“In some error of fact that the government’s making, the best practice approach for someone with legitimate exposure is to have them properly medicated and have support services provided.

“Any of these measures cast a shadow over people living with HIV. Any law or action that has a stigmatising effect towards HIV affects testing rates and increases the risk of transmission. People are simply less willing to put their foot forward and get tested if you create that stigma.”

Likewise, the CEO of the Australian Federation of AIDS Organisation (AFAO), Darryl O’Donnell, believes that re-enforcing this stigma is “inexcusable”.

“Mandatory testing has no basis in science and sends all the wrong messages about HIV. The more stigma is attached to HIV, the less likely people will be to get tested, ultimately frustrating our attempts to end transmission. Inflaming ignorance and discrimination has always been a problem. In 2020 it is, frankly, inexcusable,” he told Star Observer.

The Prisons Amendment Bill 2020 mirrors the ‘Mandatory Testing Infectious Diseases Act of 2014’. In WA, this 2014 Act was introduced into parliament by former Police Minister and current WA Opposition Leader, Liza Harvey.

While Harvey intended the 2014 Act to apply to Police officers, these laws are moving to prison officers through the 2020 Bill in an attempt to ‘protect’ public sector employees.

However, the WAAC believes that if legislation like this needs to exist, testing should be prescribed by a medical practitioner to counteract “subjective layman’s opinion” and encourage education.

The WAAC notes that a fundamental flaw in both the 2014 Act and the 2020 Bill, is that a medical procedure, such as a blood test, should instead be administered by doctors rather than a ‘chief executive officer’ such as the Warden of a prison.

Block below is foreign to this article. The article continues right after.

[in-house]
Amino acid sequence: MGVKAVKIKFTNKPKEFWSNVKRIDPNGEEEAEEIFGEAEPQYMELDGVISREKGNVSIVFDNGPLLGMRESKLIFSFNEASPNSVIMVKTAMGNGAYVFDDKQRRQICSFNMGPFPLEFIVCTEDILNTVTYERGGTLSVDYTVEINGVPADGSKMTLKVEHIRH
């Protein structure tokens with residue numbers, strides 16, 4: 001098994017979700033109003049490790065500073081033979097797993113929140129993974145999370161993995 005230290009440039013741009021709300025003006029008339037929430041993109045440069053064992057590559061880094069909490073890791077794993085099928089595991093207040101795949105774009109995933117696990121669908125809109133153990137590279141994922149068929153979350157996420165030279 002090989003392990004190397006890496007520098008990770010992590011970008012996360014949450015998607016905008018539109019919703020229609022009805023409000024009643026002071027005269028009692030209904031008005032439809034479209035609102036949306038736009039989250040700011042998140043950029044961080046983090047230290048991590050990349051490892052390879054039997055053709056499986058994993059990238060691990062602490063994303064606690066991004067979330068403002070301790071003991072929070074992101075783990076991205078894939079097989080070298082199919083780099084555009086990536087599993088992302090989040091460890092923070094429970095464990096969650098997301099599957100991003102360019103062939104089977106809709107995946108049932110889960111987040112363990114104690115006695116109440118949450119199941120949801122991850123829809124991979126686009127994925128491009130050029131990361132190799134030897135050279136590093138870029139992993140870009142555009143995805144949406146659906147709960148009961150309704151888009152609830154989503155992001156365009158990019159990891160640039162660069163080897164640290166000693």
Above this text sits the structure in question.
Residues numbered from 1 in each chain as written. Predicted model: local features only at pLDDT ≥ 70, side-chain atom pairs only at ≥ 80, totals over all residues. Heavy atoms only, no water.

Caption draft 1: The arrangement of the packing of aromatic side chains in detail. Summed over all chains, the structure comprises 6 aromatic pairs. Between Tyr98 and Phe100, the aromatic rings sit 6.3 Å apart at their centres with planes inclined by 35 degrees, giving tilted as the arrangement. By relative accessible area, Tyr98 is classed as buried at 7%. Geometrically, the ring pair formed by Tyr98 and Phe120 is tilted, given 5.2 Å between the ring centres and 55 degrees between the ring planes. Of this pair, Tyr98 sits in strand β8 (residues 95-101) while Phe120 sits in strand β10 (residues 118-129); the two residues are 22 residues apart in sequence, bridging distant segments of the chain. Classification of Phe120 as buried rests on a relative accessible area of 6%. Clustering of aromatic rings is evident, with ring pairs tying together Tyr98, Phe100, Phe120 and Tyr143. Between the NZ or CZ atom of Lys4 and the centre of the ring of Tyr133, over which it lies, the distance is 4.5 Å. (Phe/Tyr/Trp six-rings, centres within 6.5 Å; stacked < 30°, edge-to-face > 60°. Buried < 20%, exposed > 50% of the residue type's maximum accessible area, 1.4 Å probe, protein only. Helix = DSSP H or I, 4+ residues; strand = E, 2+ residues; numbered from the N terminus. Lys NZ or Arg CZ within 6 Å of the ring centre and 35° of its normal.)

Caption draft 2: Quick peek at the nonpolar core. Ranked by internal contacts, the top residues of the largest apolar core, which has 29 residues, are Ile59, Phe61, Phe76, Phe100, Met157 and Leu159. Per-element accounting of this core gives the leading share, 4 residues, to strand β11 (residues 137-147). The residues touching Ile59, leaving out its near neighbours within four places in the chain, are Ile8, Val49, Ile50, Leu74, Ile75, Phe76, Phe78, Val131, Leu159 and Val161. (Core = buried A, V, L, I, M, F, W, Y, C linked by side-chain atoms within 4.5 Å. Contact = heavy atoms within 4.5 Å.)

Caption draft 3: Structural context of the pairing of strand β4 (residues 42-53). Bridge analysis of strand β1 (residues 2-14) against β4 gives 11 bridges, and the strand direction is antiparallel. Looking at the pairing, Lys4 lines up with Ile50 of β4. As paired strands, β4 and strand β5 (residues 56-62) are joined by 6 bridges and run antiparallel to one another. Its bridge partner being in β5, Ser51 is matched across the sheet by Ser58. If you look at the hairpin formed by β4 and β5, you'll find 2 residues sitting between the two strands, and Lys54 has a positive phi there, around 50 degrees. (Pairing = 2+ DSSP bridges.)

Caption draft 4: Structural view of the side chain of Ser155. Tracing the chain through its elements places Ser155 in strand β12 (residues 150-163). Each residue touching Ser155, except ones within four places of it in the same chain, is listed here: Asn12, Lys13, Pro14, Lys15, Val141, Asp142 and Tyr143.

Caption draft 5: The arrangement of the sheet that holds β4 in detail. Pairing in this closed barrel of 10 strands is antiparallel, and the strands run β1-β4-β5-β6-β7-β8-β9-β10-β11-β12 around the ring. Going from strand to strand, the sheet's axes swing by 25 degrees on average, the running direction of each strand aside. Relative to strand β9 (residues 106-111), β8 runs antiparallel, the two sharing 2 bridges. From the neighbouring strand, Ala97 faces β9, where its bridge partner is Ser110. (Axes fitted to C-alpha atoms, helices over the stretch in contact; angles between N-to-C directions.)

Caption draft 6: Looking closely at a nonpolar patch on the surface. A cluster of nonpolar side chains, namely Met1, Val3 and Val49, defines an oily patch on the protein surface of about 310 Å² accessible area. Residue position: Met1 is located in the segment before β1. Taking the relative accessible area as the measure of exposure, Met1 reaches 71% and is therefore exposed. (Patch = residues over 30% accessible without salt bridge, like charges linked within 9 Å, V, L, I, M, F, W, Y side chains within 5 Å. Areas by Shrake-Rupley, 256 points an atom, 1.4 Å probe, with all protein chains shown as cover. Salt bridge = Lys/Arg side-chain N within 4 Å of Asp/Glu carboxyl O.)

“When you use the word ‘AIDS’ you immediately get this spectre of the grim-reaper, and they immediately pass this legislation through thinking it’s in the best interest of prison officers,” Gunasekera said.

“What’s in the best interest of officers is to actually educate them so that they know that HIV doesn’t actually exist in saliva, and that there has not been one recorded case of biting leading to HIV transmission. More importantly, the cures mentioned are actually a smarter way to deal with the anxiety that will follow from a risk incident.”

While organisations in the HIV sector have called for a review from a legislative committee into the Bill, Gunasekera told Star Observer that the COVID-19 pandemic could allow the 2020 Bill to be “rushed” through WA Parliament without oversight.

“On Friday the legislation was amended to include blood tests for COVID-19. Now it’s COVID-19 legislation, so it allows the government to bypass standing orders and once you make it COVID-19 legislation you can’t refer it off to a legislative committee.

“It’s being rushed through at a time where WA has seen zero new cases in seven days, yet it’s still being used to get the government’s agenda up.

“Many in the HIV sector have independently written to The Minister [The Hon. Francis Michael Logan MLA] saying that this matter needs to be sent off to a legislative committee so it can be debated properly and evidence can be taken for legislation to be effective.

“Now we know COVID-19 is still prevalent, but it’s telling that at a time of easing restrictions, COVID-19 is being used and added to this bill so it can be rushed through parliament. That is a deeply worrying way for a parliamentary democracy to operate.”